The U.S. State Department's second-ranking official is traveling to Syria (search) to talk with officials there about the infiltration of insurgents across the Syrian border into Iraq.

Deputy Secretary of State Richard Armitage (search) also will visit Jordan and Turkey, which also border Iraq. Armitage left Washington on Thursday but details of his itinerary were not disclosed.

"We have felt that it's very, very important for Syria to continue to take further action on the issues of infiltration of insurgents or support for insurgents in Iraq," State Department spokesman Richard Boucher said.

The administration believes Iraqis who served under ousted President Saddam Hussein (search) are using Syria as a base of operations for supporting the insurgency.

Syria has shrugged off complaints, saying it was being made a scapegoat for U.S. failure to stop the uprising in Iraq.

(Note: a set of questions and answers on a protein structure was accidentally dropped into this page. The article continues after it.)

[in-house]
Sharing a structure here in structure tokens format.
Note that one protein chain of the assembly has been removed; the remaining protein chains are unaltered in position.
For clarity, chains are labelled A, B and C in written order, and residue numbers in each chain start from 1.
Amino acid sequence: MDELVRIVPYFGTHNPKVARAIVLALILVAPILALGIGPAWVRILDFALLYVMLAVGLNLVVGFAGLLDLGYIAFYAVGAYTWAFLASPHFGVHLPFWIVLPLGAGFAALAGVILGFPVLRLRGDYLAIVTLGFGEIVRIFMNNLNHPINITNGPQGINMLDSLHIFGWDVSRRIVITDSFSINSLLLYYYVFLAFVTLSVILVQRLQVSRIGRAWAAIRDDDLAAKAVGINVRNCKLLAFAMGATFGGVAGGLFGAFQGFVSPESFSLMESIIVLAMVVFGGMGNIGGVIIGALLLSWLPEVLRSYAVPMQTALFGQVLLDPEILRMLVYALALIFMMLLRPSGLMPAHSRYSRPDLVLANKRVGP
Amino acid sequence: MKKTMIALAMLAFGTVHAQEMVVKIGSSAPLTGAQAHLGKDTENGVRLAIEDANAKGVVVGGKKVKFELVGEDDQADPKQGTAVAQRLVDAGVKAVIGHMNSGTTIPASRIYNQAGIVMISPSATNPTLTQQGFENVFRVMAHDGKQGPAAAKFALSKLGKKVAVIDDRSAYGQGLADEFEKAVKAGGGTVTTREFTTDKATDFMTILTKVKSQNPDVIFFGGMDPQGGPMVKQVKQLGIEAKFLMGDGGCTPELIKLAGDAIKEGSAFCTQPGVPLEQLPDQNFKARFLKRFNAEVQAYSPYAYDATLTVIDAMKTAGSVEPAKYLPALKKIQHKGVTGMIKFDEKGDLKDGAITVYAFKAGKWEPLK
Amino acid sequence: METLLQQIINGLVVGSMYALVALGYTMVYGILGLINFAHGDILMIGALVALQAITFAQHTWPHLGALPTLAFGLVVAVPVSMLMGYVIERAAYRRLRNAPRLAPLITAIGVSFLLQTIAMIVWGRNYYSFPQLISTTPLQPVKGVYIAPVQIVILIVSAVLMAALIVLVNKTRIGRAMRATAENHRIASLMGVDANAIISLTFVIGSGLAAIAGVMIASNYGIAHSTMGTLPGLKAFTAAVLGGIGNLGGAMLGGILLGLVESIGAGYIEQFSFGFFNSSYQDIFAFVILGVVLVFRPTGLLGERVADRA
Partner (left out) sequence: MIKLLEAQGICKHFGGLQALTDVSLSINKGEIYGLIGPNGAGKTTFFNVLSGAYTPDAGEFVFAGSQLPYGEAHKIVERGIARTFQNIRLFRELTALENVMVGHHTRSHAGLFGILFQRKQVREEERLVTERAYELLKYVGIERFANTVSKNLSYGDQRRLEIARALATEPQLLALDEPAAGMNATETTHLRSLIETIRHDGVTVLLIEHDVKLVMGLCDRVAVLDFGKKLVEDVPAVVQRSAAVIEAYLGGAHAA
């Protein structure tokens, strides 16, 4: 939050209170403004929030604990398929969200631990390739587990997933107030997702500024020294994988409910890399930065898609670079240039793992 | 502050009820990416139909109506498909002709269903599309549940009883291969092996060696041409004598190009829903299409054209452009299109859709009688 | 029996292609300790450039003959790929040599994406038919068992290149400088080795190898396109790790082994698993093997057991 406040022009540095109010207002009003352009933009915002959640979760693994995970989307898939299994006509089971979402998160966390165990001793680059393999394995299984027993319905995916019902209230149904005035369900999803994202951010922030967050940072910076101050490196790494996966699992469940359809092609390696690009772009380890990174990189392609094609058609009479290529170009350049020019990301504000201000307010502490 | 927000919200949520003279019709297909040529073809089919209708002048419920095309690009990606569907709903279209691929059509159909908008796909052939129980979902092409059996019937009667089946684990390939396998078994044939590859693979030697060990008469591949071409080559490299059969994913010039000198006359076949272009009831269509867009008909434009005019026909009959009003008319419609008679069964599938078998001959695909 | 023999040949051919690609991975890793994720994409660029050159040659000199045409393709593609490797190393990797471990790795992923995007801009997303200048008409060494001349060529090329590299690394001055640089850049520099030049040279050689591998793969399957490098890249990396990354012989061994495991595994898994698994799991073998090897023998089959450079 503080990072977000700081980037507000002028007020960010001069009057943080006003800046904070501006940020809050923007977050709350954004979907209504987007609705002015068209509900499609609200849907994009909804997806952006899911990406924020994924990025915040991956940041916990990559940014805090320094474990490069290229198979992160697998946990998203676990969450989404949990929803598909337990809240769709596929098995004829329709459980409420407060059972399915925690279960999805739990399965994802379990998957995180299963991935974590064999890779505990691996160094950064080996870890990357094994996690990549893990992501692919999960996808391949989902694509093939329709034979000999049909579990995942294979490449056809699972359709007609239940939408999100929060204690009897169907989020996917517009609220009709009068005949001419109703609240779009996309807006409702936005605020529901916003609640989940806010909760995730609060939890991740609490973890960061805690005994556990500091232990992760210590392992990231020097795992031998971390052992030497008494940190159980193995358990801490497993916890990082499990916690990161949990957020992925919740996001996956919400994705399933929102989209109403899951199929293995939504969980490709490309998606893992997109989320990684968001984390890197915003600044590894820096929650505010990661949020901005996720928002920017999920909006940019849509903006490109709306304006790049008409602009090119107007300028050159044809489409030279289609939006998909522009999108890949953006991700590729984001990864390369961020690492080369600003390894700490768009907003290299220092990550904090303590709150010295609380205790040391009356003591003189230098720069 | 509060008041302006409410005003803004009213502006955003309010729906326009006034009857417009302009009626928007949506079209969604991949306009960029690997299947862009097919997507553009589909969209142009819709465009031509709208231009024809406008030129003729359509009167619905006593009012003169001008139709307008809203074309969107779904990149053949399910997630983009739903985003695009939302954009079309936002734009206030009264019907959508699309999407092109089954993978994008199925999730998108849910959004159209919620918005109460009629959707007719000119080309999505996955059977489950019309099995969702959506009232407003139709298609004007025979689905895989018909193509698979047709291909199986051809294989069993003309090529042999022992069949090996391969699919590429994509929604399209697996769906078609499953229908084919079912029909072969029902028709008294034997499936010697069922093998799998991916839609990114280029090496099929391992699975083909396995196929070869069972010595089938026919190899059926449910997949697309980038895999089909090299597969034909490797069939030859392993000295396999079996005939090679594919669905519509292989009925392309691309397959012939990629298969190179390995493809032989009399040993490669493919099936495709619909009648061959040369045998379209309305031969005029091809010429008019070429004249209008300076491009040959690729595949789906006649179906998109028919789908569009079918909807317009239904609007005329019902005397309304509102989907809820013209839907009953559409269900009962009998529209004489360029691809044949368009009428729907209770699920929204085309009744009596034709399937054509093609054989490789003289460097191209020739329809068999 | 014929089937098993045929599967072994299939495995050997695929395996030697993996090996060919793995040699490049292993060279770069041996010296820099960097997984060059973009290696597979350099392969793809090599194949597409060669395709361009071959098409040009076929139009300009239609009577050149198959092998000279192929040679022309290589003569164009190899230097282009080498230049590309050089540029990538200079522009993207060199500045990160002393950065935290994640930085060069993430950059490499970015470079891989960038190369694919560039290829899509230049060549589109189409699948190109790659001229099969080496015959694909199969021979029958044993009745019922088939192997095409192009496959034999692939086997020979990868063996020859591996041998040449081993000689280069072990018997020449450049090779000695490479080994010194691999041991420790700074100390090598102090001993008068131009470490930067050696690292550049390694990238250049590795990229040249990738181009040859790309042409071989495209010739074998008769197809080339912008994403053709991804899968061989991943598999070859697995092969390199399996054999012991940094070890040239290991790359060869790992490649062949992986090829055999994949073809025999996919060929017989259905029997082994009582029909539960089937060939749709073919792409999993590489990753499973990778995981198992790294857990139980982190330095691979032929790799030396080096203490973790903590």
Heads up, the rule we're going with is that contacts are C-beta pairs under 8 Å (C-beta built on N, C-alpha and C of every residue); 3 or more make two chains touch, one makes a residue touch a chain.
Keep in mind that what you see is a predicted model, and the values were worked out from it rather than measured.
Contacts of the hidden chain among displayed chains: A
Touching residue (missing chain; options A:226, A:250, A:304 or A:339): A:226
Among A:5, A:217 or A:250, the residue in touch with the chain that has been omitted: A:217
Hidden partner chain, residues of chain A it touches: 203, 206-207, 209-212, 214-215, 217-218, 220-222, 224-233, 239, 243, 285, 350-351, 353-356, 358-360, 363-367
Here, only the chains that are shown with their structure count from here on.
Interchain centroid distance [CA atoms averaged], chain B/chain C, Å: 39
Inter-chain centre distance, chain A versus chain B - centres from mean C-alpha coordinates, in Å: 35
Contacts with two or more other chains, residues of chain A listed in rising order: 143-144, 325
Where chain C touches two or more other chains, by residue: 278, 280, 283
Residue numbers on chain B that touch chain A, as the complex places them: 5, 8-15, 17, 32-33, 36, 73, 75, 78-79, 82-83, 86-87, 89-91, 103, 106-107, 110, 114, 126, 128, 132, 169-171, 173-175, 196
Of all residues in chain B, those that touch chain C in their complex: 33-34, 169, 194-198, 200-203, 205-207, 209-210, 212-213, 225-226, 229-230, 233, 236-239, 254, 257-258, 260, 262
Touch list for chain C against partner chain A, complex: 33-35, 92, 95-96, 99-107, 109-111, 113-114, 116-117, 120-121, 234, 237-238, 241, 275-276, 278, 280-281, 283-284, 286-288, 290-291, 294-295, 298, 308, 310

Measures to combat the insurgency are taking on increasing importance for both Iraq and the United States as the Jan. 30 national elections in Iraq rapidly approach. The insurgents are trying to disrupt the elections.

On Tuesday, the administration accused Syria of helping insurgents in Iraq by providing a haven to elements of the deposed Saddam regime. Boucher said Syria has taken some steps to curb support for insurgents in Iraq, but not enough.

In Jordan and Turkey, Armitage will discuss ways in which the two countries can contribute to a successful election in Iraq, Boucher said.

In Turkey, Armitage will raise U.S. concerns about truck traffic between Iraq and Turkey that provides supplies to the insurgency.

In Jordan, Armitage's agenda will include ways to advance the Middle East peace process. The administration sees the Jan. 9 elections in the Palestinian territories as a possible opening for ending the long-running impasse between Israel and the Palestinians.